Anger is one of those emotions that everybody at some point will have to deal with but many people consider being angry as unhealthy. Whilst many psychologist and psychotherapists will debate this position the reality is consistent inner anger can lead to illness and our inability to deal with life on a day to day basis.
To help us learn how to deal with inner anger we need to look at anger as five interrelated dimensions, all operating simultaneously. These dimensions are:
- Our thoughts when we are angry
- The emotions that our anger arouses
- The ways we let others know that we are angry
- How we experience the world when we are angry
- How we act when we are angry
In reflection, look at it this way, what you think about affects your anger, anger influences how you feel; how you feel when you are angry influences how you communicate; how you communicate affects how you think; how you think affects how you behave.
All of these elements influences the way that you have to deal with this inner anger and they are all interrelated.
The reality is that often inner anger is cause by trigger thoughts. By understanding and identifying those trigger thoughts you can then develop a strategy on how to deal with your inner anger.
One of the first things you can do in helping yourself deal with inner anger is to keep a journal of the thoughts that led up to you feeling the way in which you do. If you are receiving professional help from a therapist then this journal will be invaluable in helping them provide specific assistance and advice with your challenges.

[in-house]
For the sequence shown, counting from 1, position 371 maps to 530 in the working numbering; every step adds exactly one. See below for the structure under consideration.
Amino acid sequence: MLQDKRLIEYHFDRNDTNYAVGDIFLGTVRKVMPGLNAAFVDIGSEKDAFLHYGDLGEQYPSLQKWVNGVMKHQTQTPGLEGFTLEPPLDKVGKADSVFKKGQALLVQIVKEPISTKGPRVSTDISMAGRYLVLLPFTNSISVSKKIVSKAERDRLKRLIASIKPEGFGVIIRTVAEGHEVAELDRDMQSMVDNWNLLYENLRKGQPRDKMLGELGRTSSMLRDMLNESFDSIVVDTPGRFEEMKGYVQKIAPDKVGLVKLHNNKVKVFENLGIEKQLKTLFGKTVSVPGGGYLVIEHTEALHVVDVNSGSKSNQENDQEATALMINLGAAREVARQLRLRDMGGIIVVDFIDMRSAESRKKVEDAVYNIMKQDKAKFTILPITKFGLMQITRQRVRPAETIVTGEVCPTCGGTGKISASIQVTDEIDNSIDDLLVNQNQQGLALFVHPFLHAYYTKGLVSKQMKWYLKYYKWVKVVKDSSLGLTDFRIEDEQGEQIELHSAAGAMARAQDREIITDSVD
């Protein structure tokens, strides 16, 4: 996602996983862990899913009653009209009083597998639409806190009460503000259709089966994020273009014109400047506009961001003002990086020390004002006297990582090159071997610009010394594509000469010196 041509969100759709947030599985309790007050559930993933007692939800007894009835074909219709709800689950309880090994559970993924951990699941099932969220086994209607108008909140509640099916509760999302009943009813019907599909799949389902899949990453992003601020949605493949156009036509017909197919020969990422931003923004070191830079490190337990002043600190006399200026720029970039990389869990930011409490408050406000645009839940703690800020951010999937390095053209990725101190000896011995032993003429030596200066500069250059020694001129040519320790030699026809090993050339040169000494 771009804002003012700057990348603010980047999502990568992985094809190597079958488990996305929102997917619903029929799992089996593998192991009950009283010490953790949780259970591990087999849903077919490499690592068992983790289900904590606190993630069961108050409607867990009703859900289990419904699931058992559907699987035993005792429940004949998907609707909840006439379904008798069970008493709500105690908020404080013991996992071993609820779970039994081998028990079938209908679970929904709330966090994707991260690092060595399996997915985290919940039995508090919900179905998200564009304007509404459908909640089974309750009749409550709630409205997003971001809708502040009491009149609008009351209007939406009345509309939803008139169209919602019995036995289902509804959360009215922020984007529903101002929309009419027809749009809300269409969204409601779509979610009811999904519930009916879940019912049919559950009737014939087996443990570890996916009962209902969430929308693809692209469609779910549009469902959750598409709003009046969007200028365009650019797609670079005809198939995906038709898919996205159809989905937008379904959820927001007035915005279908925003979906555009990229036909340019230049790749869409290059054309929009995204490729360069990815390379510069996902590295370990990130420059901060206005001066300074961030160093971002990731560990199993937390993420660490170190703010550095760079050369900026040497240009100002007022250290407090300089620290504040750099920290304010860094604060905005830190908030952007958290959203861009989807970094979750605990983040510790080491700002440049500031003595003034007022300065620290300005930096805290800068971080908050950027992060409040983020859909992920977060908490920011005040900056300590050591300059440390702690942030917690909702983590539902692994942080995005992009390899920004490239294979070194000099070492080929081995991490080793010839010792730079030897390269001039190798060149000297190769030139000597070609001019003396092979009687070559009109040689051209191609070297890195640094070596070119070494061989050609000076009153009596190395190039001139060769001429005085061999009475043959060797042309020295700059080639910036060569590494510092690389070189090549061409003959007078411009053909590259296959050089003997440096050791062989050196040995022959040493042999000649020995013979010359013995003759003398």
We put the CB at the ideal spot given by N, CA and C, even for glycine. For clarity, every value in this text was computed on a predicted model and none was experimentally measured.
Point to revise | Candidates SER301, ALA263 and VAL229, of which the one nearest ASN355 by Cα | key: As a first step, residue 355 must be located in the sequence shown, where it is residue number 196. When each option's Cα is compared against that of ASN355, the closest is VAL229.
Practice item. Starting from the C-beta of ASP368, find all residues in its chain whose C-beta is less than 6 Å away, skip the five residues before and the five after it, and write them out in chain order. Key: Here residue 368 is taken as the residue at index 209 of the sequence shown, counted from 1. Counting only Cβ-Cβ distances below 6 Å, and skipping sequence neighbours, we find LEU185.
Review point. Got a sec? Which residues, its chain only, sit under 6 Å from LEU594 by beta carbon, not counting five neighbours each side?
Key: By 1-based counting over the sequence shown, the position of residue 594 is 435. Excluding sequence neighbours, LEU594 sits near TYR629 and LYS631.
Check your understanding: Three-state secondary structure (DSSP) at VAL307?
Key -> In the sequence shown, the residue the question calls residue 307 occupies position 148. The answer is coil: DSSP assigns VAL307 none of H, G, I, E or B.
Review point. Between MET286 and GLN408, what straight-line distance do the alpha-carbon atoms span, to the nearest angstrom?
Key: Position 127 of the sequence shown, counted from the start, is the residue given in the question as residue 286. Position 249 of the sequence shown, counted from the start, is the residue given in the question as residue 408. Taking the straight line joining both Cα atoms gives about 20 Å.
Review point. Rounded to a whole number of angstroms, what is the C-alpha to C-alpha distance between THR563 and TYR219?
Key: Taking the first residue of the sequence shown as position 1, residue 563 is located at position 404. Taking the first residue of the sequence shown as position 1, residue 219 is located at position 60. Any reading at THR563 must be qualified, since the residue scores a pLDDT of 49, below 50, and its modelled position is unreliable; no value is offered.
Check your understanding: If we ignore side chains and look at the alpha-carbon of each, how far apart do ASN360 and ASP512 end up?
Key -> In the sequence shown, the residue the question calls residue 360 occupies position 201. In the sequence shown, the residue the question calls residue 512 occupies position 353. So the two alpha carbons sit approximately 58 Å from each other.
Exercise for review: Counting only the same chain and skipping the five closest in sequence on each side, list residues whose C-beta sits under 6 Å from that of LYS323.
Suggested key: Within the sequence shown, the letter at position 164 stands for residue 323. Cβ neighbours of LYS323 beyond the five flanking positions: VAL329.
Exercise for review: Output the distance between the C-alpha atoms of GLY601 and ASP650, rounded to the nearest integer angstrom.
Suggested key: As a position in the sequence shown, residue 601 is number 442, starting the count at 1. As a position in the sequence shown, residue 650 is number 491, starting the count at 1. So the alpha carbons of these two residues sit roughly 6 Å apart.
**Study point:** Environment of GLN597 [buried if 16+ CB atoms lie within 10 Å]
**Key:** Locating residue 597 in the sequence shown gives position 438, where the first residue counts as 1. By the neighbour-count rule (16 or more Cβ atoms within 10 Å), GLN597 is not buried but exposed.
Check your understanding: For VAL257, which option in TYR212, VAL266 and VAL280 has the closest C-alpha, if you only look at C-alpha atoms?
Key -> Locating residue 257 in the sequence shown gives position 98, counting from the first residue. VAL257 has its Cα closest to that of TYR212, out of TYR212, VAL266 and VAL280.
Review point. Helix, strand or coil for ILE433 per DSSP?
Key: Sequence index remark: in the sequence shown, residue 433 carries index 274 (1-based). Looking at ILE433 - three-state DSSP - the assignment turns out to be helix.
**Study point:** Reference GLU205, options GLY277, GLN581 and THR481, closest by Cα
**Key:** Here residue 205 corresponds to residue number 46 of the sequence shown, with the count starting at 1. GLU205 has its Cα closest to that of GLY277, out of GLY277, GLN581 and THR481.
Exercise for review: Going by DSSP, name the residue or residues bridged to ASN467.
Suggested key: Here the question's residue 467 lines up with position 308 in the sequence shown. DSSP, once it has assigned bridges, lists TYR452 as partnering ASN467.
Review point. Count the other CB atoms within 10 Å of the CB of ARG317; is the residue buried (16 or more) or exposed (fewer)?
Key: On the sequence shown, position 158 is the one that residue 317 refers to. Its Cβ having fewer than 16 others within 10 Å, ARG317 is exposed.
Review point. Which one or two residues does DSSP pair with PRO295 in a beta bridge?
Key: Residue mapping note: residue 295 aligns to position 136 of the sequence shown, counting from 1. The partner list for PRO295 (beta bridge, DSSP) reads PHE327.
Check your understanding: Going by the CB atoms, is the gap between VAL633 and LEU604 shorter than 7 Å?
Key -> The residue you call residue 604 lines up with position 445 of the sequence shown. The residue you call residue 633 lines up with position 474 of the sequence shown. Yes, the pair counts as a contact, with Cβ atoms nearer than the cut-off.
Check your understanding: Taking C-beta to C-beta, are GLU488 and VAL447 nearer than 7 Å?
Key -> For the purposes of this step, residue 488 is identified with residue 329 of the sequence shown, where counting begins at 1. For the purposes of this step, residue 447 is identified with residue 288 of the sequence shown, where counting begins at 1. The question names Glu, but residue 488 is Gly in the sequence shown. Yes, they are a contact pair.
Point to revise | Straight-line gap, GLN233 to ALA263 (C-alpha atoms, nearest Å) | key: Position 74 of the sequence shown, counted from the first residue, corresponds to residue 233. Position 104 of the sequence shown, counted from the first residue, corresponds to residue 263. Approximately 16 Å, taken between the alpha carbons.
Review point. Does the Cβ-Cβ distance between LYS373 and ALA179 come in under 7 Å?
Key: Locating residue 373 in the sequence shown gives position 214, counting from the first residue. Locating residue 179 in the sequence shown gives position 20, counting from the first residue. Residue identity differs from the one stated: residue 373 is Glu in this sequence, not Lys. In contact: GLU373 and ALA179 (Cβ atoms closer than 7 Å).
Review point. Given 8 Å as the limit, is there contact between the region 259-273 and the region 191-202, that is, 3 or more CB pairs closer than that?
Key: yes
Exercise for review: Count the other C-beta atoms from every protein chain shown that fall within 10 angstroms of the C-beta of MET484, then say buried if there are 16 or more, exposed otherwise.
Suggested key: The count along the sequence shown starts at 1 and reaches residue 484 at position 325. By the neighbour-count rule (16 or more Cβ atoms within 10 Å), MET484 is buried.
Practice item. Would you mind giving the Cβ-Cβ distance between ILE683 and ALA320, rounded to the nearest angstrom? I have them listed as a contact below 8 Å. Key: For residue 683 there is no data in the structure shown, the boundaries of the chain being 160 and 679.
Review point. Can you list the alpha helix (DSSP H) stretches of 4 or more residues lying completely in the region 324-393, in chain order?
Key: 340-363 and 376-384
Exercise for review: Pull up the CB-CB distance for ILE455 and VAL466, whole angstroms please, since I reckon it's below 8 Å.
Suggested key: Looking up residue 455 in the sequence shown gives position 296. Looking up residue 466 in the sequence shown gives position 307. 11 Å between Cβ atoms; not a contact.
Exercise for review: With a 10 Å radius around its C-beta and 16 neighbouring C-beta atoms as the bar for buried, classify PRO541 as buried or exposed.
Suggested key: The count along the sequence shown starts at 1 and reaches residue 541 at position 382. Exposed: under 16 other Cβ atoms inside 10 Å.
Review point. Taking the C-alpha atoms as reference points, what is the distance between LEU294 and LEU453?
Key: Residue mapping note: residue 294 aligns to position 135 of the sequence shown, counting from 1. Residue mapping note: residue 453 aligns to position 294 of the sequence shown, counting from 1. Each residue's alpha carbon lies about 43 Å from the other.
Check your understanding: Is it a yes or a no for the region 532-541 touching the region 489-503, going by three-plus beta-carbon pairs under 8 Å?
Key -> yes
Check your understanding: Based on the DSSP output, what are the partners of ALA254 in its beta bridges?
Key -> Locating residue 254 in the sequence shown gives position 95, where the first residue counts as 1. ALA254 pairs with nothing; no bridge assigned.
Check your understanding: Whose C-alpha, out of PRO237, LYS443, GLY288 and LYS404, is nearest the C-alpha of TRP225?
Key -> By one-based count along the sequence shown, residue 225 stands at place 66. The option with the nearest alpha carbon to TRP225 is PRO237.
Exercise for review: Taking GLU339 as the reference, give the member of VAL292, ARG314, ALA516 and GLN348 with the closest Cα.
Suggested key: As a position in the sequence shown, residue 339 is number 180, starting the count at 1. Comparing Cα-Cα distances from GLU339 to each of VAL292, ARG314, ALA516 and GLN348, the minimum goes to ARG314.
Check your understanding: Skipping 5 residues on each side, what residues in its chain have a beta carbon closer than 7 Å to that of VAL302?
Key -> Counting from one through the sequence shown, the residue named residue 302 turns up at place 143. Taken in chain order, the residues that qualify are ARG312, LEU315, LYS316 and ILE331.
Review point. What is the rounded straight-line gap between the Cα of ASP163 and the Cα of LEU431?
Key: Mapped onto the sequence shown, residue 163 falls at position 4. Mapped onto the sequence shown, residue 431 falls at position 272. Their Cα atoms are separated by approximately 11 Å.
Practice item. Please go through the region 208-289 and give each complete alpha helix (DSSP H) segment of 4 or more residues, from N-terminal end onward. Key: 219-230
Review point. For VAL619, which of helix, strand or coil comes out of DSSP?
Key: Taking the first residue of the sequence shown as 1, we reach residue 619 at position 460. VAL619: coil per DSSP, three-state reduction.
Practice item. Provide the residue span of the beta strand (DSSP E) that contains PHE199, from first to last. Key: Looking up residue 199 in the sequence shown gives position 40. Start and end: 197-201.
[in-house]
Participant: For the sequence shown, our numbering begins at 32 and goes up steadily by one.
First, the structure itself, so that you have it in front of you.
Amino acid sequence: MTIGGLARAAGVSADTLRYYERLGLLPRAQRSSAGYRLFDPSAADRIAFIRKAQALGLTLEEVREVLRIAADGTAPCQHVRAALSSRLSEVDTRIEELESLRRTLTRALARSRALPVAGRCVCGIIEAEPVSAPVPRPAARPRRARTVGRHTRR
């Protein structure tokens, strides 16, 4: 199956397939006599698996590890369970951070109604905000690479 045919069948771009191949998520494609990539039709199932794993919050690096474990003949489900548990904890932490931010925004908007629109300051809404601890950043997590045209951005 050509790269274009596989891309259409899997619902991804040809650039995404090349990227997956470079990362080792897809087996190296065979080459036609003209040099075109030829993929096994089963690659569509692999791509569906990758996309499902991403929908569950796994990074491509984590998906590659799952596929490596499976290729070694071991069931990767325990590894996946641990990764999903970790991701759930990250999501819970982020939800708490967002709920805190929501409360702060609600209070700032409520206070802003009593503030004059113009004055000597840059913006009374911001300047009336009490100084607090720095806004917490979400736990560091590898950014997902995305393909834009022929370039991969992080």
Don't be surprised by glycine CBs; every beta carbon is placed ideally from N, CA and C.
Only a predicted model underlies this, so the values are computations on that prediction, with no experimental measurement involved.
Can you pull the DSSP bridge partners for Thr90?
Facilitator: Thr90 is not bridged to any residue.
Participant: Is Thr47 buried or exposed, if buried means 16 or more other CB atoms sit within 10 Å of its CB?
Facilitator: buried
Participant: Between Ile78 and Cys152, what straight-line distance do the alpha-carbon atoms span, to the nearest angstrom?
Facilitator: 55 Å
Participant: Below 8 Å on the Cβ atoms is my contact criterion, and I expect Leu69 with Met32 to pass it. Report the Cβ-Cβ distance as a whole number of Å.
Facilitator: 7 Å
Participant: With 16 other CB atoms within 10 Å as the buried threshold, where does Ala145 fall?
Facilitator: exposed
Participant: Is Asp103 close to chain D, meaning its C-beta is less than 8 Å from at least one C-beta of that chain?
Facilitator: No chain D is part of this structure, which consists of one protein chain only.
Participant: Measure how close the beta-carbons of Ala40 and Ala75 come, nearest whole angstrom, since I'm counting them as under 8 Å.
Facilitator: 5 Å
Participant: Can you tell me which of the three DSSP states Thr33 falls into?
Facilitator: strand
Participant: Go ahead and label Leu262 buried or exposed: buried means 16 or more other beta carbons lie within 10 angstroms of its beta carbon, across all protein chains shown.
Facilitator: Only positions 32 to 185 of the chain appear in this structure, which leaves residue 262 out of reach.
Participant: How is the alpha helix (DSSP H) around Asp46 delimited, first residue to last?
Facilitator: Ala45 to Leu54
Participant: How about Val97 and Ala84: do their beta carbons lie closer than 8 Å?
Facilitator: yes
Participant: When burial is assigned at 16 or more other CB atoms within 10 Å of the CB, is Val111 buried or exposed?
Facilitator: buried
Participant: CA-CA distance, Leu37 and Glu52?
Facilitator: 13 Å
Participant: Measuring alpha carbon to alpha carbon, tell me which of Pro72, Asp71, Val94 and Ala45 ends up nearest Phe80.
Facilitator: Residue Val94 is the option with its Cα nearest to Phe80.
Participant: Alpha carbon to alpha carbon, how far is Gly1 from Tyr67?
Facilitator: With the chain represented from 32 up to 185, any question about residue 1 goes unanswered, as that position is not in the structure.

The easiest way to capture this information is to create a table with eight columns and list at the top of each column the following:
1.Enter the date and time you had angry thoughts
2.What was the thought you had that made you feel angry
3.Was this thought triggered internally or externally
4.What was your physical reaction to that thought
5.What are your thoughts now
6.How did you behave when you were having these thoughts
7.Between 1 and 100, with 100 being most angry what was your level of anger
8.Did you getting Angry Affect Others
Each time you are in a situation where you feel angry take a moment to jot down each of your feelings into your journal. Thing about each question at the top of each column and make sure you write down as much information as possible.
Once you have captured this information the key is to review and reflect on the collected information to identify what key thoughts or activities are making you angry. If you know the trigger you can then implement some key strategies to deal with this anger.
Some basic techniques you can use to help you manage your inner anger is to:
- Stop and take a deep breath and relax.
- Clear your mind. Empty It
- Always Stay calm. Do not engage with sarcasm or attacks.
- Take a time-out. Cool off, go for a walk and then come back and deal with it.
- Break it down. Anger often comes from lumping things together.
These techniques are very very simple and do not deal with every possibility of inner anger. The reality is that if you have a serious anger management issue it is very important that you seek out professional help from a psychologist or therapist. The therapist will help you to develop a personalised plan to deal with your inner anger.
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Chris Le Roy is the Managing Director of the One-on-One Professional
Business Training Centre. Our company provides a regular
course that will help you to learn to manage your anger, you career and more. Our company also provides first aid courses to help ensure you have that qualification when you apply for your next job.
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